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lightman
05-09-05, 01:33 PM
Well...

I was trying to get the damn stock heatsink off of my Asus N6600GT TD, and I accidentally chopped off two or three resistors (or maybe capacitors, can't really distinguish between them. And now, I'm not talking about the big ones, I'm referring to the really small ones ;)) with the screwdriver.

Now, ok, I shouldn't have used a screwdriver to try and pry the fsckin retention system open, I know.

The interesting (and somewhat scareing (sp?)) thing is that after the fact I decided not to install the VF700, put the stock heatsink in place and check if it still worked (the card, not the heatsink ;)).

Now, guess what ? It's working without *any* problem at all.

I tortured it with an hour of Doom3 at High quality settings, 15 mins at Ultra (no, I'm not goin to play at Ultra for more than 15 mins, it's unplayable ;)), 1 hour of Half Life 2, 1 hour of Colin 2005 and about 20 mins of RtCW. No glitches, no problems at all.

Now I'm wondering what the hell of a purpose did the resistors I chopped off serve.

I'm gonna try it for another week or so, if it doesn't give any sign of problem by next sunday, I'm gonna go on and install the VF700, otherwise I'll have it exchanged for a new one. ;)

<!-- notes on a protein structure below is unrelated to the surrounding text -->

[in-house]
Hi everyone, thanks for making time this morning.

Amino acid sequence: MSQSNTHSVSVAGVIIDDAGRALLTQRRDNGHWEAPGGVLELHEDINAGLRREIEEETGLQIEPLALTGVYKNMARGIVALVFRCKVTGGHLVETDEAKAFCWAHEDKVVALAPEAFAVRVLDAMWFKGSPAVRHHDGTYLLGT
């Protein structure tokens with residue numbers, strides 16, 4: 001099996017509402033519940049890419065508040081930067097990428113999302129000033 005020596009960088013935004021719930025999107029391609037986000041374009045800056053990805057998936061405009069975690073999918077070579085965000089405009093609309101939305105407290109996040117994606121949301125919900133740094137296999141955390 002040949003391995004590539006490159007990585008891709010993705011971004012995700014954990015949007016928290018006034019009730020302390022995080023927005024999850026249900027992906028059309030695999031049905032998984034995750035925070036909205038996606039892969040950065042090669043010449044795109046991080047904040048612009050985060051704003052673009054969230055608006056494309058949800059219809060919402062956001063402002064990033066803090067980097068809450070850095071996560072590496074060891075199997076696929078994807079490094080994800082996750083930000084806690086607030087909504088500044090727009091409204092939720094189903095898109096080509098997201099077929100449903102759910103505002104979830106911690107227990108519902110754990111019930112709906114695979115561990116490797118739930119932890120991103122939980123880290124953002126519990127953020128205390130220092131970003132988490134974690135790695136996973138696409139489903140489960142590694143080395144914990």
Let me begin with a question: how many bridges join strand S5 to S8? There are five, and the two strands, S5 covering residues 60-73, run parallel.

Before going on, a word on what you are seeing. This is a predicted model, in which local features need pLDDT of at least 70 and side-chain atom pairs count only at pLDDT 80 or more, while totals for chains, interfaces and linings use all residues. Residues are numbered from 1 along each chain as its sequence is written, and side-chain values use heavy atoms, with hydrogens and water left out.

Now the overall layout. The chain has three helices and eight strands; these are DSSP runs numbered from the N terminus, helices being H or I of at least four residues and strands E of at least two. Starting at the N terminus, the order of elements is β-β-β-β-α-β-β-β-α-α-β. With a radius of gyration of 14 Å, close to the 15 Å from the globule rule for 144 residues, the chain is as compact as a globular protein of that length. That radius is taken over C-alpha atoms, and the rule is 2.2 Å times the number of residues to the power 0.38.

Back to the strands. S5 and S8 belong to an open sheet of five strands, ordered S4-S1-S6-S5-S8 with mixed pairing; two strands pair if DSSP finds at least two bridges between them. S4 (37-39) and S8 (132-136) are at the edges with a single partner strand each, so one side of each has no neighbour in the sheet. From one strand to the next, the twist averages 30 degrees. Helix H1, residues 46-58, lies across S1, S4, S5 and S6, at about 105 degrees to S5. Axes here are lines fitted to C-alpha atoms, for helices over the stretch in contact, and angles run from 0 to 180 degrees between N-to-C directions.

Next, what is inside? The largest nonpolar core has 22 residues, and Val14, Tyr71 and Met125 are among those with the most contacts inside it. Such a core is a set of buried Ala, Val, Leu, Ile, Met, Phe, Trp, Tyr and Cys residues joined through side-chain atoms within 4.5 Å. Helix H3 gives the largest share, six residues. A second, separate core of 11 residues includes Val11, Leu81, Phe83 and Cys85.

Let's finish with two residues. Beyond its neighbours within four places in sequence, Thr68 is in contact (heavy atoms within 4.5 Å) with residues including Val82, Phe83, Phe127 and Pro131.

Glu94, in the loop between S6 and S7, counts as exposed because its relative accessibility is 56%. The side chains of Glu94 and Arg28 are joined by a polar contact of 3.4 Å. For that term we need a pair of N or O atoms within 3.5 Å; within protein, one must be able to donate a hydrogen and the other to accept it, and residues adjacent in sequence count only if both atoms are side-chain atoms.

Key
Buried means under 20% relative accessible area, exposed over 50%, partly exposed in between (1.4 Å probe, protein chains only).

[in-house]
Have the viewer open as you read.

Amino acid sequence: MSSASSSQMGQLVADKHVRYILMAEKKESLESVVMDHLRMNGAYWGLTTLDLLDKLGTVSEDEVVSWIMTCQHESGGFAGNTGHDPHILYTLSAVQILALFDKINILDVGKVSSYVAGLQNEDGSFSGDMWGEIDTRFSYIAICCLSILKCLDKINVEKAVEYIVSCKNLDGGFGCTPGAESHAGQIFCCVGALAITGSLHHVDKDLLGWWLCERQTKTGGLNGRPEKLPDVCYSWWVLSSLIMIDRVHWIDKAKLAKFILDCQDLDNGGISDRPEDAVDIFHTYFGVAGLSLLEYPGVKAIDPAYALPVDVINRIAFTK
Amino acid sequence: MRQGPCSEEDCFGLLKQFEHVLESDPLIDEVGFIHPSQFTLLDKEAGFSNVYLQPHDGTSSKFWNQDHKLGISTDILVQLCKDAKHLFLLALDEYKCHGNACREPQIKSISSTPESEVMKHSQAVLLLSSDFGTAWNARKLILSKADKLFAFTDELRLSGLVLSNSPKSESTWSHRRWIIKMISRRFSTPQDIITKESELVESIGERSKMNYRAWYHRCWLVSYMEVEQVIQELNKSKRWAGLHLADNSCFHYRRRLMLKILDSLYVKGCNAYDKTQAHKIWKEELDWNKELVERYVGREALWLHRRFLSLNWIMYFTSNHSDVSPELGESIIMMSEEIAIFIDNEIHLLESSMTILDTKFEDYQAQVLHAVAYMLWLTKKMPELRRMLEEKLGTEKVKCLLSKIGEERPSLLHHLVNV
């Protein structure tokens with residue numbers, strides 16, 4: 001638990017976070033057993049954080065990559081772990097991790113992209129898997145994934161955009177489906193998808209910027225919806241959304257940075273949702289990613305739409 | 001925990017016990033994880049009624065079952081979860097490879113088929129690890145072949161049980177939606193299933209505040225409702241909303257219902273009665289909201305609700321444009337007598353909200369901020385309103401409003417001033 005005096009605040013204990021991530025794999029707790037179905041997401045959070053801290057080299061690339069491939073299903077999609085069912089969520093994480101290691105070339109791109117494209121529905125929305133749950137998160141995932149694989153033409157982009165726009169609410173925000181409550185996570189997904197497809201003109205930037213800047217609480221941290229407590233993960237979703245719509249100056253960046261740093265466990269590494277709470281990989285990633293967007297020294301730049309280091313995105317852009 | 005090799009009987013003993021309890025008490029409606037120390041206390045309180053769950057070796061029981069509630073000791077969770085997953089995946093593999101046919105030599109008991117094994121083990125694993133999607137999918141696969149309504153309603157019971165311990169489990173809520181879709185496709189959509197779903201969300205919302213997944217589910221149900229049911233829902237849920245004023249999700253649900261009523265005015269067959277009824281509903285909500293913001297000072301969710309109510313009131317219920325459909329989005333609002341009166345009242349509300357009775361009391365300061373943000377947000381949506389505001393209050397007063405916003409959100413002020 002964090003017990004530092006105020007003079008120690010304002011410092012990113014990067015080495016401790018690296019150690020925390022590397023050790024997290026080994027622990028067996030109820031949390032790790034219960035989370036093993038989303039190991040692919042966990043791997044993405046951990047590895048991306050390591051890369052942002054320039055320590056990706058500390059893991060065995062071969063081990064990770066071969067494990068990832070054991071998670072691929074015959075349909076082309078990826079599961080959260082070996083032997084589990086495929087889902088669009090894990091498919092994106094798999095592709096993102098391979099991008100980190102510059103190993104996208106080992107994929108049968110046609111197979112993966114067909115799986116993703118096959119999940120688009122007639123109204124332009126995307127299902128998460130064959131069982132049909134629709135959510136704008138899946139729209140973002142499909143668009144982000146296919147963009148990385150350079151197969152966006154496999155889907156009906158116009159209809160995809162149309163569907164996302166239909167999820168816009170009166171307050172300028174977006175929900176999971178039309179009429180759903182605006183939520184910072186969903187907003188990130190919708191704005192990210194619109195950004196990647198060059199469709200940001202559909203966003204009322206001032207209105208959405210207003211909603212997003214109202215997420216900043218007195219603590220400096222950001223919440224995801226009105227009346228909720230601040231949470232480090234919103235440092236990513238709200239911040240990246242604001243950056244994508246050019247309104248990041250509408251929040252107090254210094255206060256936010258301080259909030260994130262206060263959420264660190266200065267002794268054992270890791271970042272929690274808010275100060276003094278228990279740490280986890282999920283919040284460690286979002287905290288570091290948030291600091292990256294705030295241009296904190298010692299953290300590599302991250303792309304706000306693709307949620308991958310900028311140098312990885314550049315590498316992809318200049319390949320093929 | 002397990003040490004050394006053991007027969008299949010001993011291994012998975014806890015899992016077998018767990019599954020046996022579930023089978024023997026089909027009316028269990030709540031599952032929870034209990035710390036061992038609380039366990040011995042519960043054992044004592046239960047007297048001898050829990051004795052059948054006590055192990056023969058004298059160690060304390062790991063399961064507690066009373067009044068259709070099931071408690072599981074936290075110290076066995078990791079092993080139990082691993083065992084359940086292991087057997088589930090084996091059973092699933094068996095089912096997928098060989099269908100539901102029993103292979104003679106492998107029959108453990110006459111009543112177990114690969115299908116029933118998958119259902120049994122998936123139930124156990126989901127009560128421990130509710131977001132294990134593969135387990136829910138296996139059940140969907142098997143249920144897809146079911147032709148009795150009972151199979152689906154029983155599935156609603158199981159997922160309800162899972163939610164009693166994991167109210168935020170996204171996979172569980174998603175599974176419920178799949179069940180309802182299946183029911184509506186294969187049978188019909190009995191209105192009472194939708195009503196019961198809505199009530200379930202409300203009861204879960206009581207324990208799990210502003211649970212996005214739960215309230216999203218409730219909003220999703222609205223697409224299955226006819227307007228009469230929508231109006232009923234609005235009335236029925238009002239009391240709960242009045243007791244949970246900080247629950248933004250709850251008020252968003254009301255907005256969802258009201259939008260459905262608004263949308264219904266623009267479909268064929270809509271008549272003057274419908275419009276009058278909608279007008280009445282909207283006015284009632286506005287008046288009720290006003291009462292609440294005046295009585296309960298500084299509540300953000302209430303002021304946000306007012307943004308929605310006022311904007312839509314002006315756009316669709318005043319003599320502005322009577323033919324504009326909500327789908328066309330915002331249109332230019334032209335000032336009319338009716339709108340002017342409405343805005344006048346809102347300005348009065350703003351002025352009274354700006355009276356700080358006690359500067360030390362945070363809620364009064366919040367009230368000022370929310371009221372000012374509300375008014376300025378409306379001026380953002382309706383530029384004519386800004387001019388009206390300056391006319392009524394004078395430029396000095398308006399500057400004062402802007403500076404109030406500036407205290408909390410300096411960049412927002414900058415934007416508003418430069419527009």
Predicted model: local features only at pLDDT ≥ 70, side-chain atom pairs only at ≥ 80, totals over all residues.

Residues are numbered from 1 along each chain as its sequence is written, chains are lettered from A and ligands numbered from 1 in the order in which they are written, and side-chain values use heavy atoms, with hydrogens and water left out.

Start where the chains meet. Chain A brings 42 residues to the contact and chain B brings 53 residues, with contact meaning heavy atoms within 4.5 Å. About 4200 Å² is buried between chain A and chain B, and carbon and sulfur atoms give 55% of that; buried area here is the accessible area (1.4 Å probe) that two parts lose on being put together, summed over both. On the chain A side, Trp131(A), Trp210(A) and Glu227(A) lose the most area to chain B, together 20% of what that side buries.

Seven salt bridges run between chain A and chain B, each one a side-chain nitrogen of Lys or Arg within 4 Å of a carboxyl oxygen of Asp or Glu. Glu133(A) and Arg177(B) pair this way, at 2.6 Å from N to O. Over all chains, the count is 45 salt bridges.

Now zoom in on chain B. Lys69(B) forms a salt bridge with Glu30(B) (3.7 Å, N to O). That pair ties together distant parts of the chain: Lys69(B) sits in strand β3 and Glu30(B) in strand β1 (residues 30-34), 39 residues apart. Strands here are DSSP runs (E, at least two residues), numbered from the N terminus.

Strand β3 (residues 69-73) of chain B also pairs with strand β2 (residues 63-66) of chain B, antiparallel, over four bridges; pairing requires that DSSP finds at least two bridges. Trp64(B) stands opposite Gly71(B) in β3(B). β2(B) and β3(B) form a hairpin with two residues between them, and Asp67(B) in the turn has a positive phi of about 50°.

ViN86
05-09-05, 01:51 PM
if they were resistors (which it sounds like they were) you might want to get that checked out. if the resistance between two points is larger or smaller, the voltages can vary (as per Ohms Law) and that can damage parts.

$n][pErMan
05-09-05, 06:03 PM
RMA ... lol

jAkUp
05-09-05, 06:09 PM
Alot of capacitors on a video card don't effect the short time stability of a card, but it will effect the long term stability of it. I suggest getting it replaced.

|JuiceZ|
05-09-05, 06:11 PM
Alot of capacitors on a video card don't effect the short time stability of a card, but it will effect the long term stability of it. I suggest getting it replaced.

.

adpr 02
05-09-05, 06:19 PM
OMG. Those are on the card for one reason. They are designed for emergencies. If a power spike messes up the psu, and gets into the pc, they turn off the videocard, or prevent it from frying. Those big things on it, really do nothing unless there is an emergency (well, they do stuff, but the card COULD be designed to live without them) Let me explain.

I put a fan on top of the videocard, a few weeks later, I opened my case, and found that the fan had screws in it, and they were touching various metal components. I panicked, and took the fan off :eek:. When I took it off, the screws rubbed on, and made contact with 2 or more components, and my videocard turned off instantly. Nothing was dammaged.